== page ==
At its December meeting, the Arkansas Oil and Gas Commission adopted proposed rule B-19 to disclose the constituents of hydraulic fracturing fluids. There was little fanfare and little debate on the adoption of the rule. Representatives of CARE, The League of Women Voters, and Halliburton proposed changes to the proposed rule at the hearing. With minor modification, the Commission adopted the rule. The final proposed rule can be found here. The rule will take effect on January 15, 2011. This will make Arkansas the third state to require disclosure of the chemical makeup of fracturing fluid.
In a Commission staff docket, Director Larry Bengal proposed a moratorium on new disposal wells in the following townships: 6N-12W, 6N-11W, 7N-11W, 7N-12W, 7N-13W, 7N-14W, 7N-15W, 8N-11W, 8N-12W, 8N-13W, 8N-14W, 9N-11W, 9N-12W, 9N-13W, Sections 7-36 of 8N-15W, Sections 25-36 or 9N-14W. These Townships are in the area of the Enola Swarm, a cluster of seismic activity that began in 1982 around the Faulkner County town of Enola.This was due to the existence of some circumstantial evidence that the disposal well activities may induce seismic activity. The Commission granted the moratorium. During the moratorium period, the Arkansas Geological Survey, the Arkansas Oil and Gas Commission, United States Geological Survey, and the Center for Earthquake Research and Information will study whether the disposal wells have some effect on seismic activity in the area. The oil and gas industry uses disposal wells to inject used drilling fluids deep into the earth so that fluids cannot migrate into fresh water aquifers or the biosphere. The Commission will hear the results of the studies at its July 2011 hearing.
There were several contested dockets at the December hearings,most of which were between operators, but there were three contested dockets involving a mineral owner’s challenge to an integration order. In two of these dockets, the heirs of a long deceased mineral owner made some novel arguments to the Commission about the remedy due them for being missed in an integration application, and in the other docket, the same heirs contested whether the operator exercised reasonable efforts to find the long dead mineral owner’s heirs.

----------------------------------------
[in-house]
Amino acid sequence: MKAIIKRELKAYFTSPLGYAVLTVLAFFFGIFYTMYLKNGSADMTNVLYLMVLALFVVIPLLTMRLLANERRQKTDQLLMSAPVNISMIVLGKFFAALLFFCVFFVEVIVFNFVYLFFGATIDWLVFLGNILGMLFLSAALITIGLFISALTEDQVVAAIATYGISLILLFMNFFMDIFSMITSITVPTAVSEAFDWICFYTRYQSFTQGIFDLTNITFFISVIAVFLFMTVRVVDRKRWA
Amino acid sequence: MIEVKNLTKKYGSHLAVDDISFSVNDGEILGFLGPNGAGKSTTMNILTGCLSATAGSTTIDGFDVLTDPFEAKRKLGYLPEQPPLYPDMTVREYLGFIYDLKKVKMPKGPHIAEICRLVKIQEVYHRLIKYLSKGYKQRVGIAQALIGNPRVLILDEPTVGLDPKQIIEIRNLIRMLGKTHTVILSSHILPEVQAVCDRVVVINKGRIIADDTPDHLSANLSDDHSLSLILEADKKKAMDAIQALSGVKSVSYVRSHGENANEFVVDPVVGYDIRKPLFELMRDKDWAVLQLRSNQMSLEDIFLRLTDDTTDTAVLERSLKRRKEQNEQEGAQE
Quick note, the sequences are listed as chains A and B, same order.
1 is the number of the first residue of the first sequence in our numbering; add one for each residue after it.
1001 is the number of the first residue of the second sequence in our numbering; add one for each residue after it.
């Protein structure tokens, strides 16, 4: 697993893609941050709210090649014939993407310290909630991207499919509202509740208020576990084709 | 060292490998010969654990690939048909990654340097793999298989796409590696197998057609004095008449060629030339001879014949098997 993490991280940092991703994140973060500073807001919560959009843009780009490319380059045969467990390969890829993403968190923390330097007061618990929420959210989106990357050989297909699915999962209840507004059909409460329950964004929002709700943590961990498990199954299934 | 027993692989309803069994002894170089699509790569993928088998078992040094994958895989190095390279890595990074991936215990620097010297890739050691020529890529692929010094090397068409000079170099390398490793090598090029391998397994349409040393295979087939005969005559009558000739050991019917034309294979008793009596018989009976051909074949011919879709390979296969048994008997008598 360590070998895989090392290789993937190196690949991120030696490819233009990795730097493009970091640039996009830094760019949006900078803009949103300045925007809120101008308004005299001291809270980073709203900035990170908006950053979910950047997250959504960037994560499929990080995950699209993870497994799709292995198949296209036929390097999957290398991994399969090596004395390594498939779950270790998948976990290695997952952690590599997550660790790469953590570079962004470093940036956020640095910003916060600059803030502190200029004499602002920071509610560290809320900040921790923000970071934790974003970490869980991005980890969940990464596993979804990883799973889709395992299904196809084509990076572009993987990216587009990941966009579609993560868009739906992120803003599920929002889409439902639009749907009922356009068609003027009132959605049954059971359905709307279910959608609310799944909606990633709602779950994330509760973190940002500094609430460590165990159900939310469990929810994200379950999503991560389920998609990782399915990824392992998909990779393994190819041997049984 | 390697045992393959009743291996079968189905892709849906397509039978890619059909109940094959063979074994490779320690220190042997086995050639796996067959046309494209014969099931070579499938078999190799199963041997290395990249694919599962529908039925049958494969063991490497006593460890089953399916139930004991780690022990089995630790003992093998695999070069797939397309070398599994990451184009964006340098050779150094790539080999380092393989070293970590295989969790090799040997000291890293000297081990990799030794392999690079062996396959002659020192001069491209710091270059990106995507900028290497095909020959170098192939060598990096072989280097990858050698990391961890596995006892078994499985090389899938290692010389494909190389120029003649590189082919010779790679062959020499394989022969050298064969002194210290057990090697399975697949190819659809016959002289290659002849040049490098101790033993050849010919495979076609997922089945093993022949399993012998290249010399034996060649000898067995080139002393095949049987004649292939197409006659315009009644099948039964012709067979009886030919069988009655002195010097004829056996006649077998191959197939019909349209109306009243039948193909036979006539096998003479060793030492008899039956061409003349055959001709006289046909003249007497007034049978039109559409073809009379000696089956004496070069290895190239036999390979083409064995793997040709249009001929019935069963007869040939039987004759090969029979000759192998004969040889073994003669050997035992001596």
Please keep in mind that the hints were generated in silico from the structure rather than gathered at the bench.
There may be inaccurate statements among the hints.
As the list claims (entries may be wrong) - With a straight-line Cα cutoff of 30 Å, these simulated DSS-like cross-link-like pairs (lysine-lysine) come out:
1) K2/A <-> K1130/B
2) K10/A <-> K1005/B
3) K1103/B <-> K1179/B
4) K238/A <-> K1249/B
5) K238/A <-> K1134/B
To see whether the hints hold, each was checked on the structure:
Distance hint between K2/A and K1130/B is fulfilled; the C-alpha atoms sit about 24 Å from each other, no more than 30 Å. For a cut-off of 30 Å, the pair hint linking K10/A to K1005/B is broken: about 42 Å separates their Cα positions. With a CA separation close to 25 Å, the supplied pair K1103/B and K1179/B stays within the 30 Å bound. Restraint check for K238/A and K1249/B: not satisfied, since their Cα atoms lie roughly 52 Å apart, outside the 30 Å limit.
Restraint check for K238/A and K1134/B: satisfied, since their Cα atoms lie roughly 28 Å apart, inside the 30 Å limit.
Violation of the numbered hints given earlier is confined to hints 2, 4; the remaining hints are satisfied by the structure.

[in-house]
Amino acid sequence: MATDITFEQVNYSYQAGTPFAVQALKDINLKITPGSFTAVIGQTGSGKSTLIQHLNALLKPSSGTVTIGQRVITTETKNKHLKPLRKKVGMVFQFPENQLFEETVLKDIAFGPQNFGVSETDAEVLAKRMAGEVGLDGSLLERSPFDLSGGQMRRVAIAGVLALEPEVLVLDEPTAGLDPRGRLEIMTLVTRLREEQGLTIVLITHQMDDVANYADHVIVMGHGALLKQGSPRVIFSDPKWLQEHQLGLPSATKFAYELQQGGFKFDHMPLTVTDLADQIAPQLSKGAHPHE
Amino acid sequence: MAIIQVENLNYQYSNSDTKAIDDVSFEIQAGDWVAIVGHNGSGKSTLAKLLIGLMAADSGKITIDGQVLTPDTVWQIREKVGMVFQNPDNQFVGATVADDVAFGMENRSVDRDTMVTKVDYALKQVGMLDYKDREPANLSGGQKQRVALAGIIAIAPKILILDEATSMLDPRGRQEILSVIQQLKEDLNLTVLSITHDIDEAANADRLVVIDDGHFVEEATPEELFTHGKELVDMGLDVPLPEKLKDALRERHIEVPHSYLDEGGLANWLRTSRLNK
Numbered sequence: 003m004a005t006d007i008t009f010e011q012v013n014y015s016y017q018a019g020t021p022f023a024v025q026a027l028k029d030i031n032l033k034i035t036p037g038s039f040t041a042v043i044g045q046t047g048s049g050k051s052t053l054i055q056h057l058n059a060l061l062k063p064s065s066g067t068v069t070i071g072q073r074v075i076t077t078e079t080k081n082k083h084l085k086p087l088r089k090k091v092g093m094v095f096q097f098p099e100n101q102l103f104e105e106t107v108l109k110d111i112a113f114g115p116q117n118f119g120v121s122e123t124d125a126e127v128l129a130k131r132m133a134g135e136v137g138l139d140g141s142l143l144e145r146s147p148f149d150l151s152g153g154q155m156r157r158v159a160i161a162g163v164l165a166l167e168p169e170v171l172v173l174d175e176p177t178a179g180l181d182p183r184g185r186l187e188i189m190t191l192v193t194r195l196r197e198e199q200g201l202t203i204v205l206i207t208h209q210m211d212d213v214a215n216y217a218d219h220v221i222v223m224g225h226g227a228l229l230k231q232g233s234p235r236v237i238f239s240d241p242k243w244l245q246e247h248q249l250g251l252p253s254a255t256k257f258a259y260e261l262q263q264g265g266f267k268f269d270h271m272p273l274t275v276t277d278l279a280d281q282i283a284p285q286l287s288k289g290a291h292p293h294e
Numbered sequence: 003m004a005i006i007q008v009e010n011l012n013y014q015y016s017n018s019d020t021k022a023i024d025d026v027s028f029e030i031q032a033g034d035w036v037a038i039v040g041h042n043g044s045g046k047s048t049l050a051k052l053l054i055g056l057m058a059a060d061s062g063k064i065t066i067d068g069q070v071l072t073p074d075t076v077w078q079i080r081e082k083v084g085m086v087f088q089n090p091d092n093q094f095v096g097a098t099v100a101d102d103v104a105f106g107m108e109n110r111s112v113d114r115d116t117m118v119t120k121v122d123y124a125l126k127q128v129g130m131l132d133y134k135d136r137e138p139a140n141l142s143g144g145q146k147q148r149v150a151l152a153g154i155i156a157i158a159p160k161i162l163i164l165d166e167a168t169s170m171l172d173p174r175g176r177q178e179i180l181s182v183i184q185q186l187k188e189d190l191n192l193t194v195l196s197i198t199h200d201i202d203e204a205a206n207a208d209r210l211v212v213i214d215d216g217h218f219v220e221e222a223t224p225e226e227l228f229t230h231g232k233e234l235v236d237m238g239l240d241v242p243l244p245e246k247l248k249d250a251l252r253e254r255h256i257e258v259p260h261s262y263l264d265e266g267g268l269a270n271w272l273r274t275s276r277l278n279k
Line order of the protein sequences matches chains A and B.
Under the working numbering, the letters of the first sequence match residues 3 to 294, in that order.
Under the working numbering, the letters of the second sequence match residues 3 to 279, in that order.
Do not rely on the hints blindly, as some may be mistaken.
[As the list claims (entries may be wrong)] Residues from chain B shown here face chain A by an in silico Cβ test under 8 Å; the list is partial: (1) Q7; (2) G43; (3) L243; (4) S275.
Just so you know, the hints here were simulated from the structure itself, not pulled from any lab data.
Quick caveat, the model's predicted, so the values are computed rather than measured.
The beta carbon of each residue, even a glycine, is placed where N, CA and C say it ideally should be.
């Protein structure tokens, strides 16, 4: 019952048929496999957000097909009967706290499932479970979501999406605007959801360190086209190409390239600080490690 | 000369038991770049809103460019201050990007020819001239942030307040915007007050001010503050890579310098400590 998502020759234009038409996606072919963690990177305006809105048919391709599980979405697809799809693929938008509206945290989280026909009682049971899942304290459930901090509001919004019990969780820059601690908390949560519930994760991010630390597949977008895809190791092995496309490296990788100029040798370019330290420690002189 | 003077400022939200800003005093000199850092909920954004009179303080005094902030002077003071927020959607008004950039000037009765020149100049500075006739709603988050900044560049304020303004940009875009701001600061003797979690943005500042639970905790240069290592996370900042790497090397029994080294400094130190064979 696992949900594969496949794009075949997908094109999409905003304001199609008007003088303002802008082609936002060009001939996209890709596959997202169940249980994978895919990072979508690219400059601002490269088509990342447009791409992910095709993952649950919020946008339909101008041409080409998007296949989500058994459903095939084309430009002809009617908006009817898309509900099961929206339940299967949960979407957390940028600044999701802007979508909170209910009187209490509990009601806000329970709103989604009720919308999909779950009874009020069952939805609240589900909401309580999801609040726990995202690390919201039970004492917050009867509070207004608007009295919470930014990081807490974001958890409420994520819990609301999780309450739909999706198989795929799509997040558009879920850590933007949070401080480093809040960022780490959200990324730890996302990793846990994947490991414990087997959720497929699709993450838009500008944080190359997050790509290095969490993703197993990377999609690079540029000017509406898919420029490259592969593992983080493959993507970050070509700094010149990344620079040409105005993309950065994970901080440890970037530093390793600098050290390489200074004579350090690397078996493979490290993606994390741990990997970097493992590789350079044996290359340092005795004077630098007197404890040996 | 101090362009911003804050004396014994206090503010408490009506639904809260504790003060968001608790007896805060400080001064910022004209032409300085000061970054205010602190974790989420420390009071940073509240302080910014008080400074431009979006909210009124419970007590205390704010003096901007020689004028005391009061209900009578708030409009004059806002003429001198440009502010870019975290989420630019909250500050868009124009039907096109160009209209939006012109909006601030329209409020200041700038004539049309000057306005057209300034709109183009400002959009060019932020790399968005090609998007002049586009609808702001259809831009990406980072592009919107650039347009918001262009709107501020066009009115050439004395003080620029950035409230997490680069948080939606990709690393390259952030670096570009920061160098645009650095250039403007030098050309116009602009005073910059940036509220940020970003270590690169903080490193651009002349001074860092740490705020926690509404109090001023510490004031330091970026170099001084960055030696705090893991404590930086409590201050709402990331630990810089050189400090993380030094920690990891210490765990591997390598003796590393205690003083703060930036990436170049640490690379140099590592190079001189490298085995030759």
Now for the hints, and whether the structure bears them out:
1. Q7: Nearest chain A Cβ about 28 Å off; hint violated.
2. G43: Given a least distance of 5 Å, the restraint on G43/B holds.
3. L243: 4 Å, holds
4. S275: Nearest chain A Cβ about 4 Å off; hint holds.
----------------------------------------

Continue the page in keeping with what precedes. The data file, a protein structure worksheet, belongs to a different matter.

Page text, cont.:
In the dockets testing the remedy available for being missed in an integration application, the operator conceded that it failed to determine the existence of the mineral owner’s interest in the original integration proceeding. The heirs argued that they were entitled to punitive measures along with the right to split their election between participation for completed wells and leases for proposed wells. The Commission declined to extend punitive measures because the relief was out of the Commission’s jurisdiction. The Commission recognized that the statutes requiring interest and penalties for operators who fail to pay royalties are causes of action in court rather thanbefore the Commission.The Commissionan so upheld its policy of disallowing split elections for parties missed in the original integration.
In the docket testing reasonable efforts to locate missing mineral owners, the Commission placed the burden to prove the inadequacy of the efforts on the heirs. The heirs utilized two landmen to demonstrate how to find these particular missing heirs. In this case, the heirs were located in Texas. The only evidence in Arkansas of a link to Texas was the acknowledgement in the last deed of record from the heirs’ predecessor in title. The heirs put on evidence that a search of the probate records in the Texas counties shown in the acknowledgment would have turned up the heirs. The operator put on evidence of its efforts, which were extensive and included some search of Texas records, but not the probate records in the counties shown on the deed acknowledgment. The Commission ruled that the heirs did not meet their burden to show that the operator’s heirs were unreasonable.
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